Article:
The Best Venezuelan Restaurants of Buenos Aires (Part 1!)

Hello! Ever since meeting my Venezuelan dream boy, I’ve been obsessed with Venezuelan food. We make it at home, we go to restaurants, I do WHATEVER I can to eat Venezuelan food, PERIOD. Because we have so many fantastic Venezuelan restaurants here in Buenos Aires, I thought I’d share some of my favorites. This is only Part 1! You can expect a Part 2 in a few months time ­čÖé

Urban Jazz Pizza – Armenia 1986

So, Urban Jazz isn’t your typical comida venezolana because it’s pizza, right? But Urban Jazz is owned by Venezuelans and they make pizza the Venezuelan way, which is much more similar to the U.S. than say, Argentina (where, to be quite frank, the pizza is like this: cardboard foot-thick crust, rubbery cheese, NON-PITTED OLIVES, and enough oil to fry some chicken). The pizza is delicious and they also have cachitos (which I don’t have a picture of because I guess I eat them too fast). Basically, they are very large, bready crescent rolls stuffed with ham and cheese (or “pizza” but I’ve never had the pizza one). Those are also DELISH. Anyways, Urban Jazz is like a block and half from our house so we go way too much and here’s a perfect example of why that’s true: they know our names.

La Carbonera Empanadas – El Salvador 4401

My own homemade Venezuelan empanadas next to my Argentine empanadas to show you the size difference.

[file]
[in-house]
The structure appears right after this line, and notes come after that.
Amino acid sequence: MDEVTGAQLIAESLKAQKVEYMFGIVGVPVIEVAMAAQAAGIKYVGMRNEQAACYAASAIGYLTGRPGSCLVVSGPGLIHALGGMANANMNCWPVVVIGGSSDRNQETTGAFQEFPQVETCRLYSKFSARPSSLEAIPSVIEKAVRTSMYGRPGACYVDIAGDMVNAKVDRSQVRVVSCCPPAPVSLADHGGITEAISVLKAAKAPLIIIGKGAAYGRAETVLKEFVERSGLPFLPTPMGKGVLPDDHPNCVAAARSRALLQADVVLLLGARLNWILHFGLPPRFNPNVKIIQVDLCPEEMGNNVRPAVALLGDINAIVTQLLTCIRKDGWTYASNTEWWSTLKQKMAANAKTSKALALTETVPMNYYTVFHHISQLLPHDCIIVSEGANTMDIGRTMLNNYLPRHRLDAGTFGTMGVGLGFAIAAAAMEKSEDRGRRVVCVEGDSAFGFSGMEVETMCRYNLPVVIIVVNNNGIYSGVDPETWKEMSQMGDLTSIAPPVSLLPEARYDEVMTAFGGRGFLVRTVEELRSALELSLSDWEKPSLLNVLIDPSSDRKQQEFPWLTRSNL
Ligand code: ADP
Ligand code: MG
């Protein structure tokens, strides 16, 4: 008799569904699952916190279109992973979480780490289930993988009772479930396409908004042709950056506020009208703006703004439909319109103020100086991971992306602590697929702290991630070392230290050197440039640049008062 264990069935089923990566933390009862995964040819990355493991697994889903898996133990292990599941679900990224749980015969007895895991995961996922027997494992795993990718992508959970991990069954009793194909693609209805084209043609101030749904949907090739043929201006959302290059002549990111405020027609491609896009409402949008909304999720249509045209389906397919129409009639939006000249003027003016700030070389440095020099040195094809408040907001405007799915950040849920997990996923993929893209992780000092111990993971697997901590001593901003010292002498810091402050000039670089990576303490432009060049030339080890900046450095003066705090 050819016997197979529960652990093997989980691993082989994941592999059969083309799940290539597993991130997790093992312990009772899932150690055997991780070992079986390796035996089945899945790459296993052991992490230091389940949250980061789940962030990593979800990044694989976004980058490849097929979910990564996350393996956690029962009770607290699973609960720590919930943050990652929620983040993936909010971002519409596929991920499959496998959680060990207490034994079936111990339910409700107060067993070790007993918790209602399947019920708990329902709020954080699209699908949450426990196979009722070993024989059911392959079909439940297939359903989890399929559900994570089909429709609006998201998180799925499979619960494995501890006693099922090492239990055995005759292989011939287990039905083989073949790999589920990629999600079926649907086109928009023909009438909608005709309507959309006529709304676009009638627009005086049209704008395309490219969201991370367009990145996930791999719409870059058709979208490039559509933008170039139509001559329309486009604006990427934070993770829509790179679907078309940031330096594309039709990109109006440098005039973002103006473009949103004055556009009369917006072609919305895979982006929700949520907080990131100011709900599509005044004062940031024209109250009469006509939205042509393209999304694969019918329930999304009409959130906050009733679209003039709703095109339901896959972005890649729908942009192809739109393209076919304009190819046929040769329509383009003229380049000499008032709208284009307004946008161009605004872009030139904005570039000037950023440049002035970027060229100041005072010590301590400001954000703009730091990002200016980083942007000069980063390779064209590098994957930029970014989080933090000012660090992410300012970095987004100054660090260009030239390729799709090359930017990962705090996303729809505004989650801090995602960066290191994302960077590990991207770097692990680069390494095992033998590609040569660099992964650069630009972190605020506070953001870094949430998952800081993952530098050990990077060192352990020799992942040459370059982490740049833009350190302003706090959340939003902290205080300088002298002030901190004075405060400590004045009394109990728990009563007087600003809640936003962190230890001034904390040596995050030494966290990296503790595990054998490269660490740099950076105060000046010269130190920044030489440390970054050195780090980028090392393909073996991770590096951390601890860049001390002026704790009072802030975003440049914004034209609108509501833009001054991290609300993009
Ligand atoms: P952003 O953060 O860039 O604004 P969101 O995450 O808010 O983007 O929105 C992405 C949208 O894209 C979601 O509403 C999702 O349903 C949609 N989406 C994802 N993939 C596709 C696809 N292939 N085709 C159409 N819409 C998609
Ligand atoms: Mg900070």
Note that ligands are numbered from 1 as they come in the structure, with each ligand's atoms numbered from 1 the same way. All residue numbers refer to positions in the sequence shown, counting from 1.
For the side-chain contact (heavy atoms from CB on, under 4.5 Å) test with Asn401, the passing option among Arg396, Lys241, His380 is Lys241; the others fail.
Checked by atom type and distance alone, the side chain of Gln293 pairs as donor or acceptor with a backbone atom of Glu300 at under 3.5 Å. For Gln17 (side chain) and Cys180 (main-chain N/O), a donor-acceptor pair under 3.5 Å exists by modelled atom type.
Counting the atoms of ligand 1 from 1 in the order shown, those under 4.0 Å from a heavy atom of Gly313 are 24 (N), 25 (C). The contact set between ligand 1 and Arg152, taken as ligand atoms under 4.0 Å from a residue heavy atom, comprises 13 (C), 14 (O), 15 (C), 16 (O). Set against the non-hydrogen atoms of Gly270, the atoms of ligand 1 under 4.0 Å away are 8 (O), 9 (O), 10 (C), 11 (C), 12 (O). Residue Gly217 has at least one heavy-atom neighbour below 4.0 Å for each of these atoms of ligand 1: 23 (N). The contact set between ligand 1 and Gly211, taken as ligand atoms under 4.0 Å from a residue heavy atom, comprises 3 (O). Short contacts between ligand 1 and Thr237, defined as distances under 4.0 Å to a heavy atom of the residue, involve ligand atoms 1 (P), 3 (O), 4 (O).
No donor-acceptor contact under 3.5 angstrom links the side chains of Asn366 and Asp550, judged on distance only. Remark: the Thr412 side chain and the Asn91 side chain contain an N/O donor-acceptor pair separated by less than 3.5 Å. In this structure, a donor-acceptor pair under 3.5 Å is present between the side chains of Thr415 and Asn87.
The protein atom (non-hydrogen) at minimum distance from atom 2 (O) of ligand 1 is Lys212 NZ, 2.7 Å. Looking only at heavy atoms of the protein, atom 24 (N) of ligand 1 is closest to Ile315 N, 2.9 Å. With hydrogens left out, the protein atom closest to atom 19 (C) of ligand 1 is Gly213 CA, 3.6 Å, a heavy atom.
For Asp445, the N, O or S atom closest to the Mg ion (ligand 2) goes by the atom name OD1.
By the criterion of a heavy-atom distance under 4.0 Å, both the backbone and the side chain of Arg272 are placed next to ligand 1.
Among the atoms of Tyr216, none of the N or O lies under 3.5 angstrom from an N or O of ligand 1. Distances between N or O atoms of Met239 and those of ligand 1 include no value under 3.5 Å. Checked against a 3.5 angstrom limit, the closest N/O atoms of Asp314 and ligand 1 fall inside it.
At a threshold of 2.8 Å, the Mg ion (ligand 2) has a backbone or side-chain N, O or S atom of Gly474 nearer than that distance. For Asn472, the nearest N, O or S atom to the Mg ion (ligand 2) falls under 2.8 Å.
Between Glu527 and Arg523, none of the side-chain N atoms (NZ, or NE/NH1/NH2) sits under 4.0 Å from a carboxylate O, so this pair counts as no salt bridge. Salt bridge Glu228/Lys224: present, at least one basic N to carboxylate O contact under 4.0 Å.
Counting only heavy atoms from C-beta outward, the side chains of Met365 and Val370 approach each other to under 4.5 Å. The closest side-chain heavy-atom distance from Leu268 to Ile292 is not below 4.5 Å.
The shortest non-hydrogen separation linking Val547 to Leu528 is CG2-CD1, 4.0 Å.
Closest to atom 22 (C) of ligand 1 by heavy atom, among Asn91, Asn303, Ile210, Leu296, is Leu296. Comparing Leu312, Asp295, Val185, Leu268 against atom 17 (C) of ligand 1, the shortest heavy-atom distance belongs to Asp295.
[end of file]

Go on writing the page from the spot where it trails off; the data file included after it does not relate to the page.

Many Latin American countries claim the empanada as a staple of not only their diet, but their culture. In Venezuela, the empanada is not an exception. While in Argentina, you will almost definitely try Argentine empanadas. But you should not skip out on Venezuelan empanadas. The best place to try them? La Carbonera. They have tons of different kinds! Carne (beef), pollo (chicken), queso (cheese), and even caz├│n (shark meat!). But the best one I can suggest, I haven’t even listed: pabell├│n. Pabell├│n criollo is a traditional Venezuelan dish of shredded beef, black beans, peppers, rice and plantains. It’s delicious AF. So put that greatness in a heavenly fried corn flour empanada? Now we’re in business. I’ve only ever gotten the pabell├│n empanada at La Carbonera because…why mess with a good thing? Also a word of warning: if you’re used to eating 3 or more Argentine empanadas in one sitting, I don’t advise it here. 1 or 1.5 will most certainly do it for you. 1 especially if you order a side of teque├▒os.

The menu at La Carbonera

What are teque├▒os you ask? Only the best food that has ever existed. They’re fried cheese wrapped in bread dough. They’re NOT mozzarella sticks. They are much better. And they are my kryptonite.

Teque├▒o with salsa de ajo

So here’s what you order:
Teque├▒os (an order comes with six so bring friends), an empanada de pabell├│n, and papel├│n con lim├│n. Papel├│n con lim├│n is a beverage that consists of straight up sugar cane, water, and lime juice. That’s it. It’s like…Southern Sweet Tea but Venezuelan, right?

And you should be eating EVERYTHING with the two sauces on the table: guasacaca (avocado and herbs) and salsa de ajo (garlic sauce). Both are delicious. Pour that ish on every bite you take, ladies. Oh and by the way, prepare to use every napkin at your disposal. Picture below for proof.

Avila Food – Jer├│nimo Salguero 1584

So if La Carbonera is the King of Venezuelan Empanadas in Buenos Aires, Avila is the Queen of Everything Else. Because La Carbonera is pretty limited in what Venezuelan cuisine you can try, you can make up for it at Avila. Here they have, well, todo. Amazing teque├▒os, empanadas, arepas, cachapas, patacones, panchos, asado, and street-style burgers that Guy Fieri would gasp at. So what is all this good stuff? Let’s break it down.